A Parents Guide to Collaborative Classrooms: What does it look like?
It is one thing to see an agile learning space with all the students moving freely, collaborating and engaging but it is another thing entirely to know the behind-the-scenes framework which makes collaborative classrooms even possible.
This is a quick guide to understanding exactly how Living Faith collaborative classrooms work.
What is a collaborative classroom?
At Living Faith, our classrooms are designed to be open, fluid and well… collaborative. All three 'classes’ Hope, Joy and Peace actually function as one big cohort instead of three separate entities of their own. Students within a year level are free to move throughout the space and make seating choices based on what works best for their learning and the particular task they are engaging in. Teachers also move freely throughout the space, working together, modelling essential soft skills and moving to their students rather than the other way around. This model places students at the centre of the design rather than the teacher.
Teaching students to make choices.
From Prep we teach students about agile spaces and how to make good seating choices that work for them as individuals. This includes being explicitly taught expected behaviours for different areas of the classroom eg caves, campfires and waterholes.
Who is my child's teacher?
Essentially, your child has three class teachers. Each teacher is responsible for leading a different subject area within the cohort. One teacher may lead Maths lessons, while another leads Project-Based Learning (PBL). This means your child gets the benefit of targeted expertise and the opportunity to learn from a wide range of teaching styles. Each student will be assigned to a class: Hope, Joy or Peace. Your class teacher will monitor your child's progress and be your point of contact for any concerns or questions you may have.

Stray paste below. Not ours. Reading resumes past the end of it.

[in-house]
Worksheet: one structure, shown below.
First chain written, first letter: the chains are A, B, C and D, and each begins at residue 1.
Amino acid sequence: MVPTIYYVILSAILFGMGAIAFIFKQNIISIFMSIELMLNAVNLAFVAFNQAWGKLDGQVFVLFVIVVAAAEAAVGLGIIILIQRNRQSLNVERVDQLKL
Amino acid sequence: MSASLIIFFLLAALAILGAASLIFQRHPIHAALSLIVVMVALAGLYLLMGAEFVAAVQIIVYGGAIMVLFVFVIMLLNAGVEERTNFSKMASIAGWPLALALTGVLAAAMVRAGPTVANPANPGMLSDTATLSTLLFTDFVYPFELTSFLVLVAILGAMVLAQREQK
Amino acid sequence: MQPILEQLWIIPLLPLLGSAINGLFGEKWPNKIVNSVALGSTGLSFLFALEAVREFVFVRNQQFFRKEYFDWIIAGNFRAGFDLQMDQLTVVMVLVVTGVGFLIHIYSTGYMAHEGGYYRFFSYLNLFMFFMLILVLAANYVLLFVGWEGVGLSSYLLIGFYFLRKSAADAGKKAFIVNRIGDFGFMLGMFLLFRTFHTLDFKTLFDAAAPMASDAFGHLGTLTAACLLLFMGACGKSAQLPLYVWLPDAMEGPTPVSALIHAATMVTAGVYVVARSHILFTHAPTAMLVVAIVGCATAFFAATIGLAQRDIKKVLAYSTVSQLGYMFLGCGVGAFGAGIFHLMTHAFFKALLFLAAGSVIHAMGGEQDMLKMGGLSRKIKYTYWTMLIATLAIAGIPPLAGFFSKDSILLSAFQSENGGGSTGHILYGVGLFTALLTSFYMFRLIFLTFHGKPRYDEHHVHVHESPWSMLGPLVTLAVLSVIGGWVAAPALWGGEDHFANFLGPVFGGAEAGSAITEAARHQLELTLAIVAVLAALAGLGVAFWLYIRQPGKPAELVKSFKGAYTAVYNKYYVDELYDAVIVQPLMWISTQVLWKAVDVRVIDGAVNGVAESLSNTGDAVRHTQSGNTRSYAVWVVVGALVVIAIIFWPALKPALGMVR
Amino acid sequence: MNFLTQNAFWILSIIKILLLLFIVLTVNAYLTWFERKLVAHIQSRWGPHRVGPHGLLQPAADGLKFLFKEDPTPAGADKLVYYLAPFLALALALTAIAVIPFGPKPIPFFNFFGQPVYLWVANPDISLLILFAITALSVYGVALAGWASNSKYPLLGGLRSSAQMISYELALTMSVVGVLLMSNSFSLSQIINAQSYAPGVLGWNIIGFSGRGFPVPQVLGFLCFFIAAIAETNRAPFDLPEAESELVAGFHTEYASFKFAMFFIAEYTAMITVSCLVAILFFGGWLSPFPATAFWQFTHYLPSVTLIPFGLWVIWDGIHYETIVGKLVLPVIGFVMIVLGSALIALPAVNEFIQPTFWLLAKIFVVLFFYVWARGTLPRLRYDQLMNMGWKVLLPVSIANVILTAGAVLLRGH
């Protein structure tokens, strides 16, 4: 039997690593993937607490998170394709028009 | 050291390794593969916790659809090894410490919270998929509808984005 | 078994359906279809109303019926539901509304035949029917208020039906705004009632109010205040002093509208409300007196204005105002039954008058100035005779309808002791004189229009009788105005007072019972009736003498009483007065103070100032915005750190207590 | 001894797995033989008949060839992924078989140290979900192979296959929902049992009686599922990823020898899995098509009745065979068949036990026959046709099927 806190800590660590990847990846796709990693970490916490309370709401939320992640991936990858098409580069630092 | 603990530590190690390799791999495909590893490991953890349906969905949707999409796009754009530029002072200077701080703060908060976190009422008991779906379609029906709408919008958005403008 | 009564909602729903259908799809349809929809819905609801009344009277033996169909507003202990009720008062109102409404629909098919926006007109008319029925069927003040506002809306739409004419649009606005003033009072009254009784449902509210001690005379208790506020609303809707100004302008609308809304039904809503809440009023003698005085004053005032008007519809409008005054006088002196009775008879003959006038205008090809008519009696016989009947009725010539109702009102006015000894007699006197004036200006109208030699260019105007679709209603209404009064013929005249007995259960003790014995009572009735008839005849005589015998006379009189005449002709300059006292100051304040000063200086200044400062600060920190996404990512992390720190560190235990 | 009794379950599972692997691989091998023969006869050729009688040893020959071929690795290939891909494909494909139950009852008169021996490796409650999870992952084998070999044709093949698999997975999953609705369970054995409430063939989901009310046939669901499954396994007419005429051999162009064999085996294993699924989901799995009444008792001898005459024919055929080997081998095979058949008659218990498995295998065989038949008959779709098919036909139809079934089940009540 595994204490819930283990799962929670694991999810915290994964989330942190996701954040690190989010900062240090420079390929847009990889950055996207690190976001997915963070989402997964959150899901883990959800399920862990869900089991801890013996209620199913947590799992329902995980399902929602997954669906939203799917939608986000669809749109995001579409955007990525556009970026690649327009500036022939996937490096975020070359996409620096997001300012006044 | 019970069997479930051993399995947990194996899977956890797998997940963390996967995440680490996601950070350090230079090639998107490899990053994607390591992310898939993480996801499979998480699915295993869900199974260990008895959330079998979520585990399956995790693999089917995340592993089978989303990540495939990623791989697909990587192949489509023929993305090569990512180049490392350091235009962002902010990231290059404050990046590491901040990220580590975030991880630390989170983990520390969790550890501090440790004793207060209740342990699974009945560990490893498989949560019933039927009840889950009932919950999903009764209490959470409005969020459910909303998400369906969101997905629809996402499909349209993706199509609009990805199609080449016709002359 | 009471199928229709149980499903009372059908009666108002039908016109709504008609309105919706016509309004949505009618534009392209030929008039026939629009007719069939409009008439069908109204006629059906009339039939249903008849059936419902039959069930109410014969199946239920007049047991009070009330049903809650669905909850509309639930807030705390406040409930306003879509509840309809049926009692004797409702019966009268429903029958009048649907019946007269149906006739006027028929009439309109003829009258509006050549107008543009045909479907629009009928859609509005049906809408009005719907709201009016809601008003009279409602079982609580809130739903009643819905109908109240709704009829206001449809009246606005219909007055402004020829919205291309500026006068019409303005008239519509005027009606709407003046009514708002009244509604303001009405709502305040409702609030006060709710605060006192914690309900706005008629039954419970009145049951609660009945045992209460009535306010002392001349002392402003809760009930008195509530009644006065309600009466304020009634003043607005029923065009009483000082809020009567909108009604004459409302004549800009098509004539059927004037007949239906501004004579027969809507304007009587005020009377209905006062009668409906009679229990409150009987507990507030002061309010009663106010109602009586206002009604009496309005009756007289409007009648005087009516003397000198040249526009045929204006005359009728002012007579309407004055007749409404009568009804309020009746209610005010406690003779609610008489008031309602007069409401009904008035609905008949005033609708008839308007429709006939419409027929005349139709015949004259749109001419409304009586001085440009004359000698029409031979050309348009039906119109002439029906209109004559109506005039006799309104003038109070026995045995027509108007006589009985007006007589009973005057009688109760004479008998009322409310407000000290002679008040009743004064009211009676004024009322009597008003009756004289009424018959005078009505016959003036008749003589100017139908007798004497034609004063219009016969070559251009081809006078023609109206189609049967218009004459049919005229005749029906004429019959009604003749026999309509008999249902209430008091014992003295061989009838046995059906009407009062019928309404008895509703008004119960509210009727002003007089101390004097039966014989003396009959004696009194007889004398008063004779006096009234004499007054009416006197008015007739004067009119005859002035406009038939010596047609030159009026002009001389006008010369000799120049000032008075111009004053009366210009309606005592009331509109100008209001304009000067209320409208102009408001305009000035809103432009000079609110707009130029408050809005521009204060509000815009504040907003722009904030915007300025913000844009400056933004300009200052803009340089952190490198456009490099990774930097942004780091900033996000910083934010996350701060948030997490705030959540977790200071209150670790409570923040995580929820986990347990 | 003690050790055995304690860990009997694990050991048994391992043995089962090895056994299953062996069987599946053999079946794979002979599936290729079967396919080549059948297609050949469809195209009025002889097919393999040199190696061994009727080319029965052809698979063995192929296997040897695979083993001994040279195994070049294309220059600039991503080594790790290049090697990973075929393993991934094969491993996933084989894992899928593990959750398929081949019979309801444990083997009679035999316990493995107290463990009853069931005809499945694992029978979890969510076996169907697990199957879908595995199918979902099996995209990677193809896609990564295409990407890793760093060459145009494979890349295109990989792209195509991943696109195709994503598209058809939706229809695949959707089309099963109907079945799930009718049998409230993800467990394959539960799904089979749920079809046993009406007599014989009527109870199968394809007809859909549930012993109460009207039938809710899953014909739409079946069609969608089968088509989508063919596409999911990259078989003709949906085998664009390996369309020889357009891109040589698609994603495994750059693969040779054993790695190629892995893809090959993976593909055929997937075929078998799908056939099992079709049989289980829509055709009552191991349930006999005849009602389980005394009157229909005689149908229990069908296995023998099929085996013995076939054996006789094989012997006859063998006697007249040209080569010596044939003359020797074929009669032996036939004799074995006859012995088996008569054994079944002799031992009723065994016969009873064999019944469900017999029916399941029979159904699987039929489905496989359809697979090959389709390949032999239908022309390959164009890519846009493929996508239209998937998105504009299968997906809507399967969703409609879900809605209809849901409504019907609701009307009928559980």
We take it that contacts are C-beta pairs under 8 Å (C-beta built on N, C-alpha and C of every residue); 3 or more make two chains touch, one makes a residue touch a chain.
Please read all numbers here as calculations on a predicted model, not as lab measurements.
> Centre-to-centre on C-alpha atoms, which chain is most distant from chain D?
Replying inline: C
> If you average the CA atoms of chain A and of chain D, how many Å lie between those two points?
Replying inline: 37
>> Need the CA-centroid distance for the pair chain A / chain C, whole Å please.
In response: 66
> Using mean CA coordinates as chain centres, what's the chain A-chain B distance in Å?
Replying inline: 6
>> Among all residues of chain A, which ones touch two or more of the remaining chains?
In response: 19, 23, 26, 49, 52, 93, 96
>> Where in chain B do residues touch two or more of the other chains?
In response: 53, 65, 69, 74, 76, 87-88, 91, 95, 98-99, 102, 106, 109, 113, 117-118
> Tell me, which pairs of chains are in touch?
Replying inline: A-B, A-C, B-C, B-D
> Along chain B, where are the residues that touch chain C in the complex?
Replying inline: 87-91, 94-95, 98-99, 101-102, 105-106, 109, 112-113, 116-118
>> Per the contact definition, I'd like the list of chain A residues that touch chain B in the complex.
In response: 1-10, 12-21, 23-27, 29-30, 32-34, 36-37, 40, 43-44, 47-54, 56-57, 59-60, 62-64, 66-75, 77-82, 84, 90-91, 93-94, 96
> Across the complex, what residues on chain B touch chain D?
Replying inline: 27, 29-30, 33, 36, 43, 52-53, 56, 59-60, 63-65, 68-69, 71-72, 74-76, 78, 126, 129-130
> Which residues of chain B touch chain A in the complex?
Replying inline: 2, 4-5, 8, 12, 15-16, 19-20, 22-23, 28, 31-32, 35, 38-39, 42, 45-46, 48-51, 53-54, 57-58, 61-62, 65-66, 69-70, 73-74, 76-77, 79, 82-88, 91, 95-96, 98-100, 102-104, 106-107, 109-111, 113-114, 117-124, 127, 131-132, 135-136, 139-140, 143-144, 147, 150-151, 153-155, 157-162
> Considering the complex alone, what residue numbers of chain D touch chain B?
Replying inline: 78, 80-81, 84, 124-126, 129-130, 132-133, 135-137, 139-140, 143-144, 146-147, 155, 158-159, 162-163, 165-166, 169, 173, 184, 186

Who plans each subject?
Whilst one teacher may lead a particular lesson, each teacher collaboratively teaches in this area, jumping in and contributing to explicit teaching, working with individuals and small groups. Teacher planning in each subject area also happens collaboratively between all three teachers, providing for deeper, richer ideas and planning that meets the needs of all students. Another key participant in the planning process is the students themselves. Project-Based Learning (PBL) is designed to incorporate student ideas by providing students with opportunities to lead the inquiry.
Do I need to worry about which friends are in my child's class?
Because of the collaborative nature of each learning space, students in each cohort all work together. This means students from Hope, Joy and Peace work side by side. It is important that all students learn to work together and collaborate with others they haven't worked with before. This builds a stronger year-level community and develops greater resilience, communication and empathy in our students.
It also means that friends who are in a different ‘class’ are together anyway. The main time classes work separately is when they venture off to specialist lessons. This is when Hope, Joy and Peace split into their class groups.
What are some of the benefits of collaborative classrooms?
- Teachers gain ongoing professional development and learn from one another;
- Teachers model and demonstrate collaborative skills and how to work within a team;
- Teachers can focus on one learning area providing greater depth and richer ideas and experiences;
- There is consistency across the year level;
- Students benefit from a variety of teaching styles;
- Students learn to work with a broader range of peers;
- Students develop greater social intelligence;
- Students see different ways to solve problems - we all think differently;
- Students have the benefit of a supportive whole cohort community of peers and teachers;
- Students practise independence, responsibility and feel a sense of control over their learning as they make their own informed choices;
- Provides a perfect environment for the development of Contemporary Competencies;
- With more adults in the room, greater support and targeted intervention can take place for students who need more support;
- Learning adjustments can be better catered for; and
- Collaborative classrooms foster an environment of intrinsically motivated lifelong workers
- Bianca Ravi, Director of Learning